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Managing Spotted Wing Drosophila (SWD) in the UK: Determining its distribution and seasonal population dynamics. - CH0203

Spotted wing drosophila (SWD) is a newly arrived, highly damaging pest of a wide range of soft and stone fruits which spreads and can build up very rapidly. Females have a serrated ovipositor enabling them to lay eggs in fruit as it starts to ripen, unlike our native Drosophila species that can only lay eggs in overripe fruit. Larvae feed inside the fruit causing a rapid degradation in fruit quality rendering it unmarketable. Temperature and humidity conditions in UK soft and stone fruit crops, especially polytunnels are probably ideal for SWD. Experience in other countries indicates that monitoring for adults and for larval infestation in fruit through the season in all crops at risk is vital. Control is by programmes of sprays of organophosphate, synthetic pyrethroid and spinosyn insecticides, targeted against adults. Once egg laying females have been recorded, a 7 day programme of sprays of suitable insecticides is applied, from when the fruit starts to colour to the end of harvest, rotating insecticide groups to reduce the risk of resistance. If the pest becomes widespread in the UK, there will be a significant increase in the use of broad-spectrum pesticides. This will have adverse environmental consequence as well as seriously disrupting IPM and could make production of some crops much more difficult or even impossible in the UK.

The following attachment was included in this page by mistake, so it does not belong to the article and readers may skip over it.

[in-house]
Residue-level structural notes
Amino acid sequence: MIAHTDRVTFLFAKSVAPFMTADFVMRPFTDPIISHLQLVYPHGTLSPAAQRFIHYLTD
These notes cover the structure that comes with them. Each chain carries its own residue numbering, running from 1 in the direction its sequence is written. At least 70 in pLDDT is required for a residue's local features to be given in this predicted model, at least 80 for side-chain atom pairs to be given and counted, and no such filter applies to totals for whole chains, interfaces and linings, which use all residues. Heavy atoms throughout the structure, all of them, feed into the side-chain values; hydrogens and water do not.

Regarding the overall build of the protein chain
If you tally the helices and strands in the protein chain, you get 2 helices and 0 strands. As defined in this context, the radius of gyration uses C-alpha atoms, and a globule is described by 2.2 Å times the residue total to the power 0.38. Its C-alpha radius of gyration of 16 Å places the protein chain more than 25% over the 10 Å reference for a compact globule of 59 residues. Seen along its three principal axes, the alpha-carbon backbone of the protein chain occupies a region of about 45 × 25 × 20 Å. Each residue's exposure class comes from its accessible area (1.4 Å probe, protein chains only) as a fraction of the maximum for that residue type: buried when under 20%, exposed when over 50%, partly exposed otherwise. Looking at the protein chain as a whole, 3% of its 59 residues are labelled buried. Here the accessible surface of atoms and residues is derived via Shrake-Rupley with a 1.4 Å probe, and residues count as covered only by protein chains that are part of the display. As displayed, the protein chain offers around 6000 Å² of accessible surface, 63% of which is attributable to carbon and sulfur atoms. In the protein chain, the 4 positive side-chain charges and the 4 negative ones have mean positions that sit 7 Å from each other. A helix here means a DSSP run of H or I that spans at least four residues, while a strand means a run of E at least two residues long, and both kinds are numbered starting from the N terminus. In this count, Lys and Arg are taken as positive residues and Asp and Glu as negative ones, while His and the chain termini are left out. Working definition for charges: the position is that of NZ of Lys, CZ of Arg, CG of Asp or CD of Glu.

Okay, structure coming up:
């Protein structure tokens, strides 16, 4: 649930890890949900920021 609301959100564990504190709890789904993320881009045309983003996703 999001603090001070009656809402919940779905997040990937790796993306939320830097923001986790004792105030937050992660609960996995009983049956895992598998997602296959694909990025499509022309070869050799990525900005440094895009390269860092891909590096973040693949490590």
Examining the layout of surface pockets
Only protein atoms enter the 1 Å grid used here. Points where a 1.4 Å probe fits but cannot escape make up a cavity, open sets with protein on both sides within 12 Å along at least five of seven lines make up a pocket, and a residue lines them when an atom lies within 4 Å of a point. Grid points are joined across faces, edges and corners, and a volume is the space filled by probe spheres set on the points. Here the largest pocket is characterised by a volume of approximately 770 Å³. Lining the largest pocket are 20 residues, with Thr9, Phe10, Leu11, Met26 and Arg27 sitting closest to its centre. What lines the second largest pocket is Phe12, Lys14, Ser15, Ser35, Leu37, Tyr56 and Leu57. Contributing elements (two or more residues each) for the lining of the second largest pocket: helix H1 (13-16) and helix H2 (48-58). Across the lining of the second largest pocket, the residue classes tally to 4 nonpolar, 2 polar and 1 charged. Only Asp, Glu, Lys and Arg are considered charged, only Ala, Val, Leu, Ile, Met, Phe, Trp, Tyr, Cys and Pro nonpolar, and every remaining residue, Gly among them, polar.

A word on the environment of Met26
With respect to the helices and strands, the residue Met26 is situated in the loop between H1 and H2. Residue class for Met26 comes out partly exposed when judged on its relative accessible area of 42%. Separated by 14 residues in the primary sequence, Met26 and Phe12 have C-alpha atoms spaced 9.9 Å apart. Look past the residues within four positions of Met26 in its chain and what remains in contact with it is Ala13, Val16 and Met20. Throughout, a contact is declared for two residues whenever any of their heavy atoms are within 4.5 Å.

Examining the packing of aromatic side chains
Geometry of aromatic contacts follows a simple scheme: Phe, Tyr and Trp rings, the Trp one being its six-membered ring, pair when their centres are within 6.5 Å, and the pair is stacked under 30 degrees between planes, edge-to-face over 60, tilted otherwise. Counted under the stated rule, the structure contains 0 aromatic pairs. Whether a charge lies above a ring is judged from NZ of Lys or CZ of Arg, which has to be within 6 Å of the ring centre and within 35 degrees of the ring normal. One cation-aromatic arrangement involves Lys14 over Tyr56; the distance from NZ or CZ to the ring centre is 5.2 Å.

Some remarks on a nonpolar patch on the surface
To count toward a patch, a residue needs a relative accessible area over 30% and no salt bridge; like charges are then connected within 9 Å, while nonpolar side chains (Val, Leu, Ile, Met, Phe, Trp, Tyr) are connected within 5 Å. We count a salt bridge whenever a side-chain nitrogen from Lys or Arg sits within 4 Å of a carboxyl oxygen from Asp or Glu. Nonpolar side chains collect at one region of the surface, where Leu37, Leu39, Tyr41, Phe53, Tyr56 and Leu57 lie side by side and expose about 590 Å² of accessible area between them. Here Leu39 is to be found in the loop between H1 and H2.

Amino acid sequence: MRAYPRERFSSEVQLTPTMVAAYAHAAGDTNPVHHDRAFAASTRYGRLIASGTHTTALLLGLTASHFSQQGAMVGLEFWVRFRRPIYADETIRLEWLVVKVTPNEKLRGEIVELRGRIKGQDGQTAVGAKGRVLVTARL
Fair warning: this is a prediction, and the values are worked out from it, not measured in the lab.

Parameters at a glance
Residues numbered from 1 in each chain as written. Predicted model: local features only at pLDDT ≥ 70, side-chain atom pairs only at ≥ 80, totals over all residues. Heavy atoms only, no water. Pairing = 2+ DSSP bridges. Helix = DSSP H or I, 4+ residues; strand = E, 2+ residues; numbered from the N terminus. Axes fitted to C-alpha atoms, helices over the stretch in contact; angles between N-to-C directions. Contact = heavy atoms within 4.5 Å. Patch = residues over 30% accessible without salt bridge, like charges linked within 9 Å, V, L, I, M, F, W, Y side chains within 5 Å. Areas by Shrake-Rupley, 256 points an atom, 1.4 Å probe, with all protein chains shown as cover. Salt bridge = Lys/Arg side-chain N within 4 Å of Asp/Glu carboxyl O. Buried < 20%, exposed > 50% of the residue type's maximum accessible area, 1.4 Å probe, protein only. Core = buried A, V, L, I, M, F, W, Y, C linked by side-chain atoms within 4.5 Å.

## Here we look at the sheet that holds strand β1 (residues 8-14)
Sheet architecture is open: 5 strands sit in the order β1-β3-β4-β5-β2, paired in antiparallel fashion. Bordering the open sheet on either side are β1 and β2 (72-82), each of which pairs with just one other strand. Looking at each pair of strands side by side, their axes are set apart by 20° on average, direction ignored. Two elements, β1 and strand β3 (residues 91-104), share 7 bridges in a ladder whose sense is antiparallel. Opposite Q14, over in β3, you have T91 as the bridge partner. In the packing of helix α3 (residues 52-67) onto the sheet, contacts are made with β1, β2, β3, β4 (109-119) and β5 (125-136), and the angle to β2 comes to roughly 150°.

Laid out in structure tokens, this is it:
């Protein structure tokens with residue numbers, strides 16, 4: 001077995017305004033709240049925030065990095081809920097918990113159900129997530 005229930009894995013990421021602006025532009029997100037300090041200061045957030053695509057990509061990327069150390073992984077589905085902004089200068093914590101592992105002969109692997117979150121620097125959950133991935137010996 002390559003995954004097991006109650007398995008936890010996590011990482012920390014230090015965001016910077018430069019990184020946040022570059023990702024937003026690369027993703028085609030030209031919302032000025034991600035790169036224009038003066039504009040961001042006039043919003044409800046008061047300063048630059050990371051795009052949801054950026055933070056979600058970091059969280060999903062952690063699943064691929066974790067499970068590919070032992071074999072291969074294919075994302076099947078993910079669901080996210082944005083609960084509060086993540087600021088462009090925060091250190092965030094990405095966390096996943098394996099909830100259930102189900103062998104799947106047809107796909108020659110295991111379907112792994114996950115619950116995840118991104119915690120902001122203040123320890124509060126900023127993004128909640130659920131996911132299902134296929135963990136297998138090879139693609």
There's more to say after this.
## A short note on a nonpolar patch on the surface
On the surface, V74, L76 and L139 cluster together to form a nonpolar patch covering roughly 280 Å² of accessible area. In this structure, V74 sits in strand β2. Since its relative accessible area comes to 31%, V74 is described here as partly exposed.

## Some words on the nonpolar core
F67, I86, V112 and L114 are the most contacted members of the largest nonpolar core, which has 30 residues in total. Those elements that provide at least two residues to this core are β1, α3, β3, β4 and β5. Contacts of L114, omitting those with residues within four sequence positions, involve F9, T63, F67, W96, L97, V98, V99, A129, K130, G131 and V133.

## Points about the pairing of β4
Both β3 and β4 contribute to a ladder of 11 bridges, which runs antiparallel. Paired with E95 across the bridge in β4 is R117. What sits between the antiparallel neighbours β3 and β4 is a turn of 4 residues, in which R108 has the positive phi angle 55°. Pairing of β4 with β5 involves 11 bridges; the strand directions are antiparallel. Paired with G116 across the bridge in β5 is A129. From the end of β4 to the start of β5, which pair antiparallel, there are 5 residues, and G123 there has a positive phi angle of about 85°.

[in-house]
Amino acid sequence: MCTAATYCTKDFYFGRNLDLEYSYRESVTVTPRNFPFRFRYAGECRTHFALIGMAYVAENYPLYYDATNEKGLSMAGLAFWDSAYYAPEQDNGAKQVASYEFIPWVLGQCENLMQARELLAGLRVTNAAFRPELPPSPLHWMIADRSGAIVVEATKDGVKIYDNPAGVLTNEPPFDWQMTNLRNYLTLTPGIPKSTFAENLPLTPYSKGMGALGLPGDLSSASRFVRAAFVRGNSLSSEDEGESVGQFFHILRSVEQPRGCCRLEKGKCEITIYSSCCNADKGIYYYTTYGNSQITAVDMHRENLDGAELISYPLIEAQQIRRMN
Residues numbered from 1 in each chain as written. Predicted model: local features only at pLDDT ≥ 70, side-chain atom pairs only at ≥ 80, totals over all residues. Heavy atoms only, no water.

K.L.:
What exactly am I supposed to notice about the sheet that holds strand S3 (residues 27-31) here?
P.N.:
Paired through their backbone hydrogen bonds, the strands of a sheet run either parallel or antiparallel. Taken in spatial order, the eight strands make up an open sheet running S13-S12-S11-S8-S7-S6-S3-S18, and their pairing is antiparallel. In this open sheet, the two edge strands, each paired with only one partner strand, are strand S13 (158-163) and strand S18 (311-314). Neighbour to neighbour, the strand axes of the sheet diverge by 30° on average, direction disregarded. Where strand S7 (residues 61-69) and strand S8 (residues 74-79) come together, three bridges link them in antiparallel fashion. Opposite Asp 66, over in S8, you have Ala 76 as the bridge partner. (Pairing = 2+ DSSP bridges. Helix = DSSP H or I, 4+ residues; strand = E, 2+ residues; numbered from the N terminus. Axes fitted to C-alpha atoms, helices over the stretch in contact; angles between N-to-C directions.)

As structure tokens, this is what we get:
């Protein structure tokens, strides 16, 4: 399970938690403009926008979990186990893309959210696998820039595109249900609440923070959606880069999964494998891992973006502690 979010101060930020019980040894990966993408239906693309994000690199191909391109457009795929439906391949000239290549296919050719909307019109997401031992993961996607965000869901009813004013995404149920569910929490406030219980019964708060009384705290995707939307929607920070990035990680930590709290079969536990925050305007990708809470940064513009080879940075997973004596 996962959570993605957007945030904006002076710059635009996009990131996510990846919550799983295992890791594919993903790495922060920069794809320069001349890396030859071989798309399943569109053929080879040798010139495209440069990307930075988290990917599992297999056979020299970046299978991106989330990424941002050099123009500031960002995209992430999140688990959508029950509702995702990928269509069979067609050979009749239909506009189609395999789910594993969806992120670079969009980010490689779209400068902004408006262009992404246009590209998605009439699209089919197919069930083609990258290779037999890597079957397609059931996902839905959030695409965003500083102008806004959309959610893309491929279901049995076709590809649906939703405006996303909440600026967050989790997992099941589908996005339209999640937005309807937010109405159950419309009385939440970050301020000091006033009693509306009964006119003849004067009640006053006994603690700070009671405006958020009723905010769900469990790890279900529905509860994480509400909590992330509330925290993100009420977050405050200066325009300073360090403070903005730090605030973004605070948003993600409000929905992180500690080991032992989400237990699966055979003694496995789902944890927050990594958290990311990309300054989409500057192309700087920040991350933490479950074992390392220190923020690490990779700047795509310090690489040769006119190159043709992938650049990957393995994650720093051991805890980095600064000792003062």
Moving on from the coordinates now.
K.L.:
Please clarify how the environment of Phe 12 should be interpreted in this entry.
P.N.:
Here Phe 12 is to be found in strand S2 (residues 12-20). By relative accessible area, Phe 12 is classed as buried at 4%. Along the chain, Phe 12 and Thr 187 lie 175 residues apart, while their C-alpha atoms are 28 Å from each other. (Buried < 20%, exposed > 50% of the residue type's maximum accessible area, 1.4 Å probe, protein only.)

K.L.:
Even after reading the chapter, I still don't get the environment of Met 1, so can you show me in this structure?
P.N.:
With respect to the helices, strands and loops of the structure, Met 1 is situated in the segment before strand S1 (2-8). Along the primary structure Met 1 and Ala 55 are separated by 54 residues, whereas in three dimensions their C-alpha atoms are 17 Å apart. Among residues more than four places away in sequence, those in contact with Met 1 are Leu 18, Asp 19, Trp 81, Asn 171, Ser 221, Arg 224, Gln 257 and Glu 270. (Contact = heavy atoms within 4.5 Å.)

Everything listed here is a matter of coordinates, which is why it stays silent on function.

In this project, the distribution of SWD in the UK and the seasonal population dynamics of its different life stages in relation to crop ripeness and wild hosts, which are unknown in the UK, will be quantified to inform control tactics. The relationships between adult catches in monitoring traps and larval attacks in different vulnerable fruits and common UK wild hosts will also be quantified.

The project forms part of a larger programme being funded by industry and has been agreed by the UK industry to meet their vital requirements, filling gaps that are not being addressed in research programmes in other countries. Industry will be involved in selecting study sites and carrying out observational work at these sites. It addresses Defra’s Evidence Investment Strategy 2010-2013 (updated 2011) policy Annex 2, Section 10. Crops. Section 24. Plant health, Bee Health and Plant Varieties and Seeds. It is vital for maintaining the viability and profitability of the UK’s important soft and stone fruit industries. SWD seriously threatens the sustainability of production of these crops in the UK.
To determine the distribution and seasonal population dynamics of all life stages of SWD in different cropping situations and especially polytunnel crops on fruit farms in the UK
Time-Scale and Cost
From: 2013

To: 2014

Cost: £75,000
Contractor / Funded Organisations
East Malling Research
Horticulture Development Council (HDC)